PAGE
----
Independent gaming has had a rough start on the Nintendo console front, though the eShop digital offerings have gotten better and better as the platform has grown and Shovel Knight is evidence of that.
Yacht Club Games says that after they completed their Kickstarter campaign and closed with just over $300,000 and that by the end of the project the team had gone without pay for some time. I think the passion shines through in the dedicated recreation of old-school mechanics on new-school technology. Even if you leave yourself in one of the townships and let Shovel Knight sit there for a while, you'll notice the world come alive.
Still, it sounds like the team had a difficult time keeping every employee within the realm of a living wage for the duration of development:
At this point you have to be thinking, $30k minus taxes for one year's salary, a grueling work pace (think: 12-18 hours a day, 7 days a week) and no stability whatsoever...why bother? An NES game, that's not going to sell. The 80′s are over, man, get with the times! The cool kids are all into the AAA explosive action sequences. You'll never make it!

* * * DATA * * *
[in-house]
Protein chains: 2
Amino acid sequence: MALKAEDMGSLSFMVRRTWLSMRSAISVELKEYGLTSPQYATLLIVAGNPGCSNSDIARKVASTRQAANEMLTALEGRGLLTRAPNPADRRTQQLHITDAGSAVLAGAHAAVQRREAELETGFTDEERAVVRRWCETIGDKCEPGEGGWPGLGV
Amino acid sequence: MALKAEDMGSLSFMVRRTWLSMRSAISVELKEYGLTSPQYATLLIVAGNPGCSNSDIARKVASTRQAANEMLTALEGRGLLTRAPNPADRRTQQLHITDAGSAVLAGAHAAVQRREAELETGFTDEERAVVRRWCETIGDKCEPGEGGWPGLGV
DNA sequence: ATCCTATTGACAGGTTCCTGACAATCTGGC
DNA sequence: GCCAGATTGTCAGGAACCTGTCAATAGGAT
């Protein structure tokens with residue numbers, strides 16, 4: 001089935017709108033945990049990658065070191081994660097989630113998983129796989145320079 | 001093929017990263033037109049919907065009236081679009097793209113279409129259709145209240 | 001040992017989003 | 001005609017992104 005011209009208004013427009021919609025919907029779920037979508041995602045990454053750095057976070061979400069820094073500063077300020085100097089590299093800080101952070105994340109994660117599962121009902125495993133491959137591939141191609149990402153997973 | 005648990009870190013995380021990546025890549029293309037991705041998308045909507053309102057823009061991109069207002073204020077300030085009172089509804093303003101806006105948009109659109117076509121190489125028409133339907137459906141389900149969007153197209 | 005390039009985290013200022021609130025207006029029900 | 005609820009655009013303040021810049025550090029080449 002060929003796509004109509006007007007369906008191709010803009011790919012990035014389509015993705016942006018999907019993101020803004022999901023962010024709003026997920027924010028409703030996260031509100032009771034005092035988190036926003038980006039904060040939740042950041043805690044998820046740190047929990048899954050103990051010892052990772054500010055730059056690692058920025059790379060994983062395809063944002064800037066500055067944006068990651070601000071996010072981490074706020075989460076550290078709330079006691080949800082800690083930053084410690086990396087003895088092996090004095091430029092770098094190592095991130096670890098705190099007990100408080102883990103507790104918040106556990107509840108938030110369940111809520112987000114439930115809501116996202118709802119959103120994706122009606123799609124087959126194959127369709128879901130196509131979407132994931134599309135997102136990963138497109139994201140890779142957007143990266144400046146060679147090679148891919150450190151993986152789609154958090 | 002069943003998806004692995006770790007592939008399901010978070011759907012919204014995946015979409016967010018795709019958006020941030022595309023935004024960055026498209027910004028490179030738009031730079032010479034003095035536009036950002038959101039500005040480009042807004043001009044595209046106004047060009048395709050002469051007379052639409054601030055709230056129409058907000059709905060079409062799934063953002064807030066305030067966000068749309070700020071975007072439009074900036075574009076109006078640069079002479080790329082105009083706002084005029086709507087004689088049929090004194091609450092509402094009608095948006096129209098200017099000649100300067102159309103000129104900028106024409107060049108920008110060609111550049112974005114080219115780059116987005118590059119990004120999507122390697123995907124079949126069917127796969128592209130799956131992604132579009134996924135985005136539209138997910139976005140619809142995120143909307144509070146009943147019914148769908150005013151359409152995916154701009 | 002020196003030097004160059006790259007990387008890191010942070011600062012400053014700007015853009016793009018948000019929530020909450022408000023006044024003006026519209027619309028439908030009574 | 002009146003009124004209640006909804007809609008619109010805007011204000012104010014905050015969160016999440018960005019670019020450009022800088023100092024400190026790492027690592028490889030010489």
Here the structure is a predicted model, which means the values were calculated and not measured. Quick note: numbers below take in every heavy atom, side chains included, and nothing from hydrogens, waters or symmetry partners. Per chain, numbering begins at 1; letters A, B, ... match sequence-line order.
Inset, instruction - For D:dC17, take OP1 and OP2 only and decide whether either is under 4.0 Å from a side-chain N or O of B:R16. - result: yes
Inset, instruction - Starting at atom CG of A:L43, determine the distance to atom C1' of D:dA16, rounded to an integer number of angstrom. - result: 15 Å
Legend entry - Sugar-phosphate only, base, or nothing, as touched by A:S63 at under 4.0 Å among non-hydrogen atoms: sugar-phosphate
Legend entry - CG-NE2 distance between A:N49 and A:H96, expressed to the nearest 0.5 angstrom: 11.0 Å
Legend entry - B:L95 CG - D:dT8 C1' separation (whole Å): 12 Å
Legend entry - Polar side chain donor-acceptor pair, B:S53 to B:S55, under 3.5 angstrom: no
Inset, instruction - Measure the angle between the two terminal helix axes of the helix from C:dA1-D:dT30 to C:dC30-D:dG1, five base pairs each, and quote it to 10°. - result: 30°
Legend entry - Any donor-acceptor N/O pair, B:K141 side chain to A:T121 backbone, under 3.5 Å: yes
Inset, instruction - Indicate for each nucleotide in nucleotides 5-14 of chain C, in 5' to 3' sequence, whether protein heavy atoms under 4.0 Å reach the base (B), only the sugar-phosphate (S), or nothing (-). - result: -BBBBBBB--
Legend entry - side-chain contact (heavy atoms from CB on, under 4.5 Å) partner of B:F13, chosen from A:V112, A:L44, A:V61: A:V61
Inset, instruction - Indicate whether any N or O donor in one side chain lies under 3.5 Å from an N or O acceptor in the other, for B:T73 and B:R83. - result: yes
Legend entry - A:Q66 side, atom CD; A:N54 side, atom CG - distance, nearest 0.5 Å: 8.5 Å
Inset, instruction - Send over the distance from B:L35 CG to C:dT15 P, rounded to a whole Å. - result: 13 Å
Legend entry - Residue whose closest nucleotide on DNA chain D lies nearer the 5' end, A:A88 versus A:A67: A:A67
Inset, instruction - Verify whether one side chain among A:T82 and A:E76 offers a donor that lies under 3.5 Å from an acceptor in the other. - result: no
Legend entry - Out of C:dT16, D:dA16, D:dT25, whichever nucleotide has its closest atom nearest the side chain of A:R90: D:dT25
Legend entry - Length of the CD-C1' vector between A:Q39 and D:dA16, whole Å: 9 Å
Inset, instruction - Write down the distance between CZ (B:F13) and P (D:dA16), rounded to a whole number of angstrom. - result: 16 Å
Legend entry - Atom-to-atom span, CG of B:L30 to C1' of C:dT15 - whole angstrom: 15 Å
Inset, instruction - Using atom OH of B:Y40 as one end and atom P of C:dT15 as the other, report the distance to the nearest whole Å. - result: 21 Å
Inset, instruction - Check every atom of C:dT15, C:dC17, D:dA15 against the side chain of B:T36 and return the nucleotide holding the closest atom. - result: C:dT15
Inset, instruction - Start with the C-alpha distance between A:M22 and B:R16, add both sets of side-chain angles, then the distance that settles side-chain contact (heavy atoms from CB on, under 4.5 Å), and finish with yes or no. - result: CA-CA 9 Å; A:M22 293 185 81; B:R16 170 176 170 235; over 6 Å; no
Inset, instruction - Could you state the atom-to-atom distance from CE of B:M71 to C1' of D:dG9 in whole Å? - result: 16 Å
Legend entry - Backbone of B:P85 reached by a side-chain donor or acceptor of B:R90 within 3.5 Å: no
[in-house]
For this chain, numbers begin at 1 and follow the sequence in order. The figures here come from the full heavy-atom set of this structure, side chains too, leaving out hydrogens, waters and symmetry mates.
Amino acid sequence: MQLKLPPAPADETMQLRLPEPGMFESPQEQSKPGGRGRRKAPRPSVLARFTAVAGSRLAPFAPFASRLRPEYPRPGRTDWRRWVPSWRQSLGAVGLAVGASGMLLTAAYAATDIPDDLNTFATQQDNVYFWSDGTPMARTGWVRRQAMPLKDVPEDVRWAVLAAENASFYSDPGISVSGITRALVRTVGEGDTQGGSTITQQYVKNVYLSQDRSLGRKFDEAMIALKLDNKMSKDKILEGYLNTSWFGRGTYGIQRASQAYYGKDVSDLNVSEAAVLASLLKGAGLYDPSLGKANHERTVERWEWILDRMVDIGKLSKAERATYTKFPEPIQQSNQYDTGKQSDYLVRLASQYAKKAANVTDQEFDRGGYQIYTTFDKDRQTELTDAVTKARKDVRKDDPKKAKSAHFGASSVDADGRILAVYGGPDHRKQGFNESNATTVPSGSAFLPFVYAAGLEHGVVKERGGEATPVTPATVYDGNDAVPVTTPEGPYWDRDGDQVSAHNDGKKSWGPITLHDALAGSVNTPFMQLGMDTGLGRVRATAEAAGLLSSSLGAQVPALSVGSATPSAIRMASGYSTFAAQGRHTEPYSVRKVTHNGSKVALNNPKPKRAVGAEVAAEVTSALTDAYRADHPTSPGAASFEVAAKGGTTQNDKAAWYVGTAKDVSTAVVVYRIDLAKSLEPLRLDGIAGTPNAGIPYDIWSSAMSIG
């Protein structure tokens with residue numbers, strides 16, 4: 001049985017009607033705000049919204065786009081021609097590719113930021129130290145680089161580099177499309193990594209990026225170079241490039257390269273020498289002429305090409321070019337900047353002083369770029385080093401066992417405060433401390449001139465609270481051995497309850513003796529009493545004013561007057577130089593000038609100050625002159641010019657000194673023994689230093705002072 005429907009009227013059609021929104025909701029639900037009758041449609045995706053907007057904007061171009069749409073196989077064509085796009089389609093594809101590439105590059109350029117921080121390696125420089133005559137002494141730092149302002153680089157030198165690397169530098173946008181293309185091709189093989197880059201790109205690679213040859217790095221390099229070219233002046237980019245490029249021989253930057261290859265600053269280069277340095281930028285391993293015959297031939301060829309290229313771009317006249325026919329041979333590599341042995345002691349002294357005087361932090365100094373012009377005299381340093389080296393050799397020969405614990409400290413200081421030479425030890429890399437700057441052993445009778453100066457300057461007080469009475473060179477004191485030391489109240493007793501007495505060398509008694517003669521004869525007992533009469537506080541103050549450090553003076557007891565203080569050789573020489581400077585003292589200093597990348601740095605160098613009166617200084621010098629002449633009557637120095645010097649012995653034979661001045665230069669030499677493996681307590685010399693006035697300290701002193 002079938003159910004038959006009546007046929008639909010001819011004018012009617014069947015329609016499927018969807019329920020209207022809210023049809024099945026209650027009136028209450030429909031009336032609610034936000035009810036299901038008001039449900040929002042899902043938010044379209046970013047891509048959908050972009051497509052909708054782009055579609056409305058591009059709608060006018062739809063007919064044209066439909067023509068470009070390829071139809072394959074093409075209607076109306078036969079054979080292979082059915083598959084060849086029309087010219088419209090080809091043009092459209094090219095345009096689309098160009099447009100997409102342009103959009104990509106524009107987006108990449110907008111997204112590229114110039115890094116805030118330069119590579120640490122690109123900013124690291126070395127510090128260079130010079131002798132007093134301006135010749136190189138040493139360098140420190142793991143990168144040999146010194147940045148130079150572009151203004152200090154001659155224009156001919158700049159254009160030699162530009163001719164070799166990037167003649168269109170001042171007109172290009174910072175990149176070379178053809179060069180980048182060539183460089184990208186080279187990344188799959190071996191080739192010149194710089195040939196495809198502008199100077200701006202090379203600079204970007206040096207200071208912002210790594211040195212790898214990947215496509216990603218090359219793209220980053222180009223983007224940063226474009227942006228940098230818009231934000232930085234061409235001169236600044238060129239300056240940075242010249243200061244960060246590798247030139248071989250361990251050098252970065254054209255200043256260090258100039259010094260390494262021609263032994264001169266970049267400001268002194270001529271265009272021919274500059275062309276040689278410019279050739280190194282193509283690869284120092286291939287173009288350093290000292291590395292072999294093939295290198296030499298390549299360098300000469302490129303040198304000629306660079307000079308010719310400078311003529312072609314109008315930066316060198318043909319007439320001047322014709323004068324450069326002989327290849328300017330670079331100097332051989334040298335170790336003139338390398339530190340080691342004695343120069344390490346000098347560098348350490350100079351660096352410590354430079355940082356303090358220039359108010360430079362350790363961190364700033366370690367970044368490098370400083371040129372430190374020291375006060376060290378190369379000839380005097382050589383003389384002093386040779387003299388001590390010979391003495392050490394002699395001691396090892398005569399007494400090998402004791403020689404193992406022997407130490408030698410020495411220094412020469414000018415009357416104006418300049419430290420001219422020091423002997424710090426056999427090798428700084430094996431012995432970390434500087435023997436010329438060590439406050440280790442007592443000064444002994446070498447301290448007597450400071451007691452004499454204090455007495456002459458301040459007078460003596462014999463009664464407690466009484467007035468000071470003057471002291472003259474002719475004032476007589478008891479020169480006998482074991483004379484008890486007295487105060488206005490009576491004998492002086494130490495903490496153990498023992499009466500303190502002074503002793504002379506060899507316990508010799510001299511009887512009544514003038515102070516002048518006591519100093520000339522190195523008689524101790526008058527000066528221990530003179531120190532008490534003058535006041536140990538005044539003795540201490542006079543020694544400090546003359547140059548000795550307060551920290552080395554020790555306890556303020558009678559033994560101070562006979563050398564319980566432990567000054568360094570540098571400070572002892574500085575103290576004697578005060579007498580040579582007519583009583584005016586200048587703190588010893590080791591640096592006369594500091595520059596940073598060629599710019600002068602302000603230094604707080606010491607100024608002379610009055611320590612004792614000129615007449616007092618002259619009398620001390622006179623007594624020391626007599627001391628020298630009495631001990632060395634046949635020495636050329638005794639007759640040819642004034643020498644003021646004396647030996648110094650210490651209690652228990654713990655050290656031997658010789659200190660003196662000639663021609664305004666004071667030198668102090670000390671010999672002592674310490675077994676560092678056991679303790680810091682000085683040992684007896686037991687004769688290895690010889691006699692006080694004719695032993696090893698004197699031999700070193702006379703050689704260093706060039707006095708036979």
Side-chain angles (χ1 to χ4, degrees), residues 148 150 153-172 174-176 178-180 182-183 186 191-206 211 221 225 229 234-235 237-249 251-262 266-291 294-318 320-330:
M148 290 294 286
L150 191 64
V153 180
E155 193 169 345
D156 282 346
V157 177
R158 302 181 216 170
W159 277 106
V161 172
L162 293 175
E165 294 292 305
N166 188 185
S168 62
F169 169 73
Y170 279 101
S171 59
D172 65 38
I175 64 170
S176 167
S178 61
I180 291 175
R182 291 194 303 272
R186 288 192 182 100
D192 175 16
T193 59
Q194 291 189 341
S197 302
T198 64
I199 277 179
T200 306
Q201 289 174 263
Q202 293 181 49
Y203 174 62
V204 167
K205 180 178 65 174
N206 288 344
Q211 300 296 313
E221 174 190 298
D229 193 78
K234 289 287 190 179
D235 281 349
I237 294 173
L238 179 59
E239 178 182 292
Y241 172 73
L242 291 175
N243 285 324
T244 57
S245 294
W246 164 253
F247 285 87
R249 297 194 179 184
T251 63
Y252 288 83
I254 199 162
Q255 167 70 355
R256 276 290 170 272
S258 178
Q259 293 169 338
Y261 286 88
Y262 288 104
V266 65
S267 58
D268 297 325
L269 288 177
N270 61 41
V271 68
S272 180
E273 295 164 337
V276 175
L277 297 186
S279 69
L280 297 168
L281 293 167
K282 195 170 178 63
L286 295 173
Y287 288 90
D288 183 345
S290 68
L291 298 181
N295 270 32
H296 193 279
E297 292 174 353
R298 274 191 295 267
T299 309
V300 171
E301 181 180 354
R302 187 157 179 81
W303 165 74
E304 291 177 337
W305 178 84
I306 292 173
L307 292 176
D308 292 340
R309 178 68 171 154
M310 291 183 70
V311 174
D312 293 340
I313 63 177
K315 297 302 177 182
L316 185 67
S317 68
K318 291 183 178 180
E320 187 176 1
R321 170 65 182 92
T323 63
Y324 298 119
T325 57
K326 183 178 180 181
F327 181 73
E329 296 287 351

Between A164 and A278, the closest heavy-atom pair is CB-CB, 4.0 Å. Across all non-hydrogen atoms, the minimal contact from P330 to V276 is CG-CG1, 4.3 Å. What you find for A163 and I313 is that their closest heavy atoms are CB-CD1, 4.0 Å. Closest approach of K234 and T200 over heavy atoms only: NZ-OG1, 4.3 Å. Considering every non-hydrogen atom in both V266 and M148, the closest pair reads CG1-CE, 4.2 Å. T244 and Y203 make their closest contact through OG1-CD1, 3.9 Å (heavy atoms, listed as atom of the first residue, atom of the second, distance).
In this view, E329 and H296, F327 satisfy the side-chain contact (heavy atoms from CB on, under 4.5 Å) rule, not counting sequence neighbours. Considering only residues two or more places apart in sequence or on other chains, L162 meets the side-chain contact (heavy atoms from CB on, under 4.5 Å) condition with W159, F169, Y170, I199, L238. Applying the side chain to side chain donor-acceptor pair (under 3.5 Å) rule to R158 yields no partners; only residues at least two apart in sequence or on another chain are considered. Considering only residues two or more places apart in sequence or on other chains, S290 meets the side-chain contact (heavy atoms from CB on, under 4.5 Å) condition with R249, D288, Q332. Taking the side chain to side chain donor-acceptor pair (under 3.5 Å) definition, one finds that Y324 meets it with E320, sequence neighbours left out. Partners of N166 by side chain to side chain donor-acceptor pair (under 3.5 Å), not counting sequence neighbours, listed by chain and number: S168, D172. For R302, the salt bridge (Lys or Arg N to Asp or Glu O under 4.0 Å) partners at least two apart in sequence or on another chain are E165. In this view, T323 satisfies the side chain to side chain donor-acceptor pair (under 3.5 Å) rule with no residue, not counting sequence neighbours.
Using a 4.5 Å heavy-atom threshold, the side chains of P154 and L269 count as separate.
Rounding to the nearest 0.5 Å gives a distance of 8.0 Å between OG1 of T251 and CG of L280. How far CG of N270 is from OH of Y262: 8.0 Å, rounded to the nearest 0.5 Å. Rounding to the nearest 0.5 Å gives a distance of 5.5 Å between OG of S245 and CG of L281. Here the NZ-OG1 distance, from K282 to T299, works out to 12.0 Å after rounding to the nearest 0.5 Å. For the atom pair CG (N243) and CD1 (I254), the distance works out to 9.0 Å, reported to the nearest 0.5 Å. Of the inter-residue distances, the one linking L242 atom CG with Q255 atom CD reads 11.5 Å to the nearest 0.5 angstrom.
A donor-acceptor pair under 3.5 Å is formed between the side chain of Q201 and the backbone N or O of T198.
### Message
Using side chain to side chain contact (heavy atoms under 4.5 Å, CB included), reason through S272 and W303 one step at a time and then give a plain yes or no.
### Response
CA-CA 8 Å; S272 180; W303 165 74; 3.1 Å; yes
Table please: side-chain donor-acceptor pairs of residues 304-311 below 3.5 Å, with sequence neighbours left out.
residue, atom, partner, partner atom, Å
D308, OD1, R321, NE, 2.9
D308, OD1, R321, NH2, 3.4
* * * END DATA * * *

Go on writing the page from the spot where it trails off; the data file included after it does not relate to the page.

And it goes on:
When you've put all of your development on crowd-funding and expected people to complete work on the game, your boss should immediately become those that handed out the money in the first place. The project itself should leave room for a certain stake in return to Kickstarter's backers which currently have no legal claim to the material or revenue. It's up to those individuals to demand those rights before handing over their money, but there could be a growing precedent on an organization that doesn't hold the users accountable for their own actions.
The quote above from Yacht Club Games developers on the studio blog shines light on the kind of cultural consequences in a creative medium that might cloud the potential for indie games moving forward or for traditional funding methods as they mature over time.
Video games need extensive planning given the sheer number of people needed to create a project on large scales. For more sales and funding statistics, check out the Yacht Club Games blog post here.